To Retainer, or Not To Retainer

To Retainer, or Not To Retainer

Successful International Distribution – Part 4

By Daniel T. Allen, CEO, Aliier

There is perhaps no topic quite so contentious among asset managers and distributors as the topic of so-called retainer payments. There are a lot of different attitudes on this topic, ranging from managers who refuse to pay for even the most basic expenses, all the way to managers who pay for everything but, in return, demand excessive levels of control. One of our functions as an international platform is to hire distributors to support our managers, and we have seen many different variations surrounding how this topic is handled. We take no absolute position as to what the best way is to handle this key component, as asset managers can have various levels of success with them all. However, in our view, the critical decision factors regarding what approach to take include:

  1. Understanding what you are doing and why;
  2. Determining how it helps you to achieve your goals in the new international venue, and;
  3. Making sure those choices are a good fit for everyone.

Active vs. Passive Distribution

The first decision you need to make is whether you want to be passive or active in your distribution efforts. The passive approach to distribution typically involves hiring as many distributors, on pure commission, as possible. No one distributor has exclusivity, except perhaps to a named lead where the manager only pays a commission which is typically around 20%-25%. Active distribution, on the other hand, represents an aggressive and targeted approach to distribution with a dedicated focus on long-term growth in a specific market.

Passive Distribution

Essentially, using the passive distribution approach means the manager is throwing everything against the wall to see what sticks. Distributors who are willing to take a manager’s strategy for a commission-only structure, who do not get anything to compensate them for their time and costs, will typically run down their contact lists to see if there is any interest, then put your factsheet into a briefcase loaded with a stack of others and offer it only if asked. Occasionally, inexperienced distributors who are unrealistic about what it takes for active distribution will accept such a deal, but they will rapidly give up on your firm. Also, this approach generally doesn’t work well in more sophisticated institutional spaces and it can create conflicts; however, it has the advantage of not requiring much investment. For the manager who doesn’t want to fully engage a new market but wants to operate opportunistically, this can be a way to pick up the occasional allocation. Just remember, you really do get what you pay for.

Active Distribution

For the asset manager who prefers to fully engage a new market and develop a long-term professional presence as well as relationships that grow over time, active distribution makes more sense. In an active distribution arrangement, the distribution team will have a significant geographical or market segment exclusivity. The team will report on its efforts either directly, or indirectly through a responsible entity or platform, to the asset manager. The asset manager should be fully engaged in the distribution process and commit to travelling into the new market at least 3-4 times a year. The asset manager who takes an active approach should look at this style of distribution effort as part of building long-term enterprise value.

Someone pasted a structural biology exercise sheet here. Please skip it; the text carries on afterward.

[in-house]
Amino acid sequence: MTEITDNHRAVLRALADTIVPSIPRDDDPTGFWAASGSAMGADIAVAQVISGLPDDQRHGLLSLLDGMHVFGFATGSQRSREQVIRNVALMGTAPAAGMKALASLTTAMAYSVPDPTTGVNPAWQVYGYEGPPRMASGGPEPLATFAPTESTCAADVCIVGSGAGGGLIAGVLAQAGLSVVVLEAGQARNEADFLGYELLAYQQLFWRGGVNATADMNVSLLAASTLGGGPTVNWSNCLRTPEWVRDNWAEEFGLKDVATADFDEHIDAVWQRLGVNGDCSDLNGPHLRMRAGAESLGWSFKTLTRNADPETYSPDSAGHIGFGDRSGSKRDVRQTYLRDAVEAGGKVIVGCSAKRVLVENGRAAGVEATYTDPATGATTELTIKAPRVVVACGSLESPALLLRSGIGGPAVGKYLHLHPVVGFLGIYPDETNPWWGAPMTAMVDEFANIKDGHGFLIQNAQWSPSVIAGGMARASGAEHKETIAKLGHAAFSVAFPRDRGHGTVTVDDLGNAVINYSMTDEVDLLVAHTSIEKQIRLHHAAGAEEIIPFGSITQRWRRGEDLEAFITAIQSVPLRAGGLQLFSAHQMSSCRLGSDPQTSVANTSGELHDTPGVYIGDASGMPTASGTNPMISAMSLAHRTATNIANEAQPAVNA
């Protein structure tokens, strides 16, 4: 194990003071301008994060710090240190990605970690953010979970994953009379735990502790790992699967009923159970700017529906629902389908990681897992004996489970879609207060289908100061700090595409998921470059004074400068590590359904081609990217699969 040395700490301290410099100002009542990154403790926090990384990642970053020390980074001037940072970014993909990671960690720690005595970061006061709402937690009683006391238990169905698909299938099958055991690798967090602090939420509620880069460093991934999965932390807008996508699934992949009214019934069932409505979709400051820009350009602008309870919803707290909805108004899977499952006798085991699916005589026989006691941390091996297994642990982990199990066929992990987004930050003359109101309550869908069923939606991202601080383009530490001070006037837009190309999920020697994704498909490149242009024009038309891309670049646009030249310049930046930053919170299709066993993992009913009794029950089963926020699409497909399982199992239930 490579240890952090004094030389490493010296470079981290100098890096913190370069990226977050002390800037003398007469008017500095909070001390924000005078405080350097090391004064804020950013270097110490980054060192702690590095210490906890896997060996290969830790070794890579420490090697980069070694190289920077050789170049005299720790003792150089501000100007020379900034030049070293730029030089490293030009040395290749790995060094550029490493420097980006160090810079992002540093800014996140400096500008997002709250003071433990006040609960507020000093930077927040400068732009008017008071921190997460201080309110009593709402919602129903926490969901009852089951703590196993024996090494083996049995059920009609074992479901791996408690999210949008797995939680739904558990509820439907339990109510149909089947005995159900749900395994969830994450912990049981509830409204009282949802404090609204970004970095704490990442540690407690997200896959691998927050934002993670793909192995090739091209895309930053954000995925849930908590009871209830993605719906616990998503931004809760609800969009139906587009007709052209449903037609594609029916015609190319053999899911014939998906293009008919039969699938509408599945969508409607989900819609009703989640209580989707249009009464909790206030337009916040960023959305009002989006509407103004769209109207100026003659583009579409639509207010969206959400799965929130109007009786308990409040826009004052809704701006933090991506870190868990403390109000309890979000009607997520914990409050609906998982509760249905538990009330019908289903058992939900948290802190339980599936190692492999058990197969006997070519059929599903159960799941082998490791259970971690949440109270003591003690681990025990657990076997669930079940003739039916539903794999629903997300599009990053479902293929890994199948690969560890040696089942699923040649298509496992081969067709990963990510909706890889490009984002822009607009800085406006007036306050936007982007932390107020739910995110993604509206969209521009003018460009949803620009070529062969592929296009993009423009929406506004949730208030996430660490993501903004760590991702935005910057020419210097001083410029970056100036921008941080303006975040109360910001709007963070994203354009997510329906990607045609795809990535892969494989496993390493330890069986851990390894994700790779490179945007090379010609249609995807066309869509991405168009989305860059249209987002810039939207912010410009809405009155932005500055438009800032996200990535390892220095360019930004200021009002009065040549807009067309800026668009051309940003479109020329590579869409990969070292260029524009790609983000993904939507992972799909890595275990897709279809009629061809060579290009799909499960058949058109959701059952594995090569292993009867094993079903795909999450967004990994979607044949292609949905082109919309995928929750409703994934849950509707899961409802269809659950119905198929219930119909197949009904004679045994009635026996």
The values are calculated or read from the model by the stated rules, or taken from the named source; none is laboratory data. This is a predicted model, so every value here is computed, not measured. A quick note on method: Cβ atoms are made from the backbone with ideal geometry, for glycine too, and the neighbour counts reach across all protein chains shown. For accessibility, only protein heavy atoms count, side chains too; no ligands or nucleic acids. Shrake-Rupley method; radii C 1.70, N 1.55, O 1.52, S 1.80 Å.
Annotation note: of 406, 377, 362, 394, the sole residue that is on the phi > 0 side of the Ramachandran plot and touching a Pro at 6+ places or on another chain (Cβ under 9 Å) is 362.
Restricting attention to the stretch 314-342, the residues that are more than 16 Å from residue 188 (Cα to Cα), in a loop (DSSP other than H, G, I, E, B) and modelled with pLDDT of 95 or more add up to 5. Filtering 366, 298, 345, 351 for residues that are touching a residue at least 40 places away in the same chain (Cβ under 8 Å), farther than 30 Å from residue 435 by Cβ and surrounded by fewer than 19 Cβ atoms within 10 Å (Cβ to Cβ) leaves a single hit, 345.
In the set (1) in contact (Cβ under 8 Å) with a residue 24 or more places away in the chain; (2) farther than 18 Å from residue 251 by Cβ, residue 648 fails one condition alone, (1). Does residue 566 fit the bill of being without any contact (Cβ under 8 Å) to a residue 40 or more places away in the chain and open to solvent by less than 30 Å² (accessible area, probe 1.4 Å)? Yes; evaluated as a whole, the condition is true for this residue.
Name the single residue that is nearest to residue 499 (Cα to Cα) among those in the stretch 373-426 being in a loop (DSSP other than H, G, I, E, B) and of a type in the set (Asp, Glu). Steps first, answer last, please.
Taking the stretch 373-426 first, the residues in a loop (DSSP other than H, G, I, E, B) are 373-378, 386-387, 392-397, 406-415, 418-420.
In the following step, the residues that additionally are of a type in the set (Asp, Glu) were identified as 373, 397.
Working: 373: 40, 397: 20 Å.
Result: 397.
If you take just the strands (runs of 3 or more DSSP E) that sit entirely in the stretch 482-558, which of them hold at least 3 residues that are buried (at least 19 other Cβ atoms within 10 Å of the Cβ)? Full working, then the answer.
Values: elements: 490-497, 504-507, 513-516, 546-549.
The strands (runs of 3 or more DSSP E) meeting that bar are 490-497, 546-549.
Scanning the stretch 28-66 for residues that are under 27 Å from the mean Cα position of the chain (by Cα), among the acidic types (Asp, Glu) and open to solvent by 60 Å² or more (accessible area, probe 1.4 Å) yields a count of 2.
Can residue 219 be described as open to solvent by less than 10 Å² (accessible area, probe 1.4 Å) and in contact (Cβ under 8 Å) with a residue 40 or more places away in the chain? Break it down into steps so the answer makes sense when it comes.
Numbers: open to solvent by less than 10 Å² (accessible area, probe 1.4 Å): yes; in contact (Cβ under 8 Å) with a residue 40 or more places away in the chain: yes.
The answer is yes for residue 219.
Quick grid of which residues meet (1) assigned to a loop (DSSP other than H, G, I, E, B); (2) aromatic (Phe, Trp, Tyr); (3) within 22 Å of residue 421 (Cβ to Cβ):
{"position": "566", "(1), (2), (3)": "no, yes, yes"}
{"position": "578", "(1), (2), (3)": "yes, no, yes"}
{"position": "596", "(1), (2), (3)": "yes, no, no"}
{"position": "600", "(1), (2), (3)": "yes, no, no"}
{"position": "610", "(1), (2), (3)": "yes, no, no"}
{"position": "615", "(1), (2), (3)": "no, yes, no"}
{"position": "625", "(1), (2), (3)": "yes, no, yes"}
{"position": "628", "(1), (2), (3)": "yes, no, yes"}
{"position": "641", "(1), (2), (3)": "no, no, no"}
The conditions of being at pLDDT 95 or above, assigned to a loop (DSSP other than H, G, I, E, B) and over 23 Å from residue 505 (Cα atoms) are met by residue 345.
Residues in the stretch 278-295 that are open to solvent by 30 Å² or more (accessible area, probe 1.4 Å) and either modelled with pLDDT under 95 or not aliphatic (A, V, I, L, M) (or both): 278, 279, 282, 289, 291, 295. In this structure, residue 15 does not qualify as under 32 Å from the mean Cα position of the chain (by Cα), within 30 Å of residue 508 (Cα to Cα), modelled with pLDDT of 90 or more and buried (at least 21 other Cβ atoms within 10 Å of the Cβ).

Active distribution is a journey.

Active Distribution Expectations

Active distribution is a long-term effort and goes way beyond just running through a contact list. Done right, there will be significant market engagement which involves expenses such as airline tickets, rental cars, hotel bills, coffees, breakfasts, lunches, dinners and, in addition, somebody must spend a whole lot of time on phone calls, e-mails and in meetings. Any expectation that assets will start accumulating significantly in less than six months to a year is unrealistic. Do not expect it. Someone must make an investment of time and money before there is any significant return, but it can be well worth it. A manager opening a new market to steady AUM growth enjoys significant economies of scale. Revenues are incremental – you already have your operations and portfolio management in place – so after your cost of sales most new revenues drop right to the firm’s margin.

Nobody Works For Free

Some asset managers want distributors to spend a lot of time, effort and their own money promoting the asset manager’s firm, all on the come. Distributors, on the other hand, must weigh the cost of aggressively supporting a manager against the chances of success and the upside that results. Regardless, nobody works for free. This mental tug-of-war goes something like this:

Distributor:It is probably going to take at least 12-18 months to start raising significant assets and it will take 2 years before assets climb considerably. My costs are heavily weighted up front. I would be crazy to pay for the airline tickets, rental cars, hotels, lunches, dinners, etc., and not be compensated for the enormous amount of time that the calls, the e-mails, and the meetings will take to get this done unless there is significant upside. And, if this asset manager screws up, I will lose everything I have invested and not be able to raise any assets. That’s not fair.